Yet a further object of the present invention is to provide a tie which may be utilized in combination with prior art insulated panels as well as new types of panels utilized in poured concrete wall forms.
Another object of the present invention is to provide an adjustable tie which is inexpensive to manufacture, simple in design, and refined in appearance.
These and other objects will be apparent to those skilled in the art.
The adjustable tie of this invention includes a pair of straps which are selectively connected together to form a single tie of the desired length. Each of the pair of straps has a pair of spaced-apart plates at the outer end which will hold the panel of a wall-form therebetween. Slots cut in the panels allow the tie ends to be inserted and additional panels stacked on top to form an entire wall-form system. The pair of straps which form each tie are identical, and have a series of pegs and apertures which may be connected in selected positions to vary the length of the tie. In a second embodiment, the portion of each strap between the inner and outer plates is comprised of two interconnecting pieces so that the distance between the plates is adjustable, to allow for various panel thicknesses.
FIG. 1 is a perspective view of the tie of this invention installed in a wall form system, with additional ties shown in schematic form.
FIG. 2 is a side view of one half of the tie of this invention.
FIG. 3 is a top view of the tie in FIG. 2.
FIG. 4 is a perspective view of a prior art insulated panel form used to form poured concrete walls.
FIG. 5 is a side view of one end of a second embodiment of the invention.
FIG. 6 is a top view of the tie of FIG. 5.
Referring now to the drawings, in which similar or corresponding parts are designated with the same reference numeral throughout the drawings, the adjustable tie of this invention is designated generally at 10 and is utilized in connecting a pair of wall forming panels 12. Each panel 12 has an upper edge 14, lower edge 16, and a pair of side edges 18 and 20. Each edge 14, 16, 18, and 20 has a tongue 22 or groove 24 centered therealong which may be removably connected to the corresponding tongue or groove of an adjoining panel 12, thereby interlocking the panels.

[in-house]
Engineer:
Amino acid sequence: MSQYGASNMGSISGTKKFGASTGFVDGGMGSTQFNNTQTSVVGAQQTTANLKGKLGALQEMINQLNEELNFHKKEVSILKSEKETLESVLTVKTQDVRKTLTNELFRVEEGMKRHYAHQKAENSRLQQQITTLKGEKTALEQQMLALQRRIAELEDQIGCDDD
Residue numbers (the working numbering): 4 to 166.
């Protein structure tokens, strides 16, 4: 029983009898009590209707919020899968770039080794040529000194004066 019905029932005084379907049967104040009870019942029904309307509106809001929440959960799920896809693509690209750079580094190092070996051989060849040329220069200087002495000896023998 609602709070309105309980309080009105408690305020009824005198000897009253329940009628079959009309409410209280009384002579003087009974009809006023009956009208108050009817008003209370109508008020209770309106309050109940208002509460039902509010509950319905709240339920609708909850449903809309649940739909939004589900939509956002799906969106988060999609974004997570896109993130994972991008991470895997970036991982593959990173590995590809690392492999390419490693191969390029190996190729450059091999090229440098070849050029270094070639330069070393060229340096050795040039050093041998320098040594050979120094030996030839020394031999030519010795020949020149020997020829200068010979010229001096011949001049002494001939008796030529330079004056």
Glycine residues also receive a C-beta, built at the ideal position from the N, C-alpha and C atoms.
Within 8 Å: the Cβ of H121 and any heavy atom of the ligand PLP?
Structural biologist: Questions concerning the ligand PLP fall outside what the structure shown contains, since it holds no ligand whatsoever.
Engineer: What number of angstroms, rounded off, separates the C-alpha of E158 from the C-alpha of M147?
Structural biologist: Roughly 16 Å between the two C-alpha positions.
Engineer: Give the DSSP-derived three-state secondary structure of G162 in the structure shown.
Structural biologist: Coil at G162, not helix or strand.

A series of slots 26 are cut downwardly in the upper edge 14 of each panel 12, and are evenly spaced therealong. A second series of slots 28 are cut upperwardly in the bottom edge 16 of each panel, the lower slots 28 being vertically aligned with upper slots 26. Slots 26 and 28 are cut to a depth sufficient to receive the end of tie 10, as seen in the drawings.
Tie 10 of this invention is composed of two identical halves 10a and 10b. For simplicity, only one half 10a will be described in detail, the other half being formed in exactly the same manner and having identical features.
Tie half 10a includes an elongated strap 30 having a generally rectangular cross section, opposing faces 32 and 34, and inner and outer ends 36 and 38 respectively. An end piece, designated generally at 40 is mounted to outer end 38 and is used to removably lock tie 10 to a panel 12. End piece 40 includes an inner section 42, comprised of a pair of legs 44 and 46 diverging from a junction 48 with outer end 38 of strap 30. An outer section 50 includes a pair of parallel and spaced apart plates 52 and 54, positioned perpendicularly to the longitudinal axis of strap 30 and attached to legs 44 and 46 at plate 54. Plates 52 and 54 are held in spaced apart relation by a set of three spaced apart legs 58. Legs 58 are rectangular in cross section and have a thickness equal to the thickness of legs 44 and 46 and equal to the thickness of strap 30. The length of legs 58 is determined by the thickness of the panel 12, which will fit between plates 52 and 54 as seen in FIG. 1.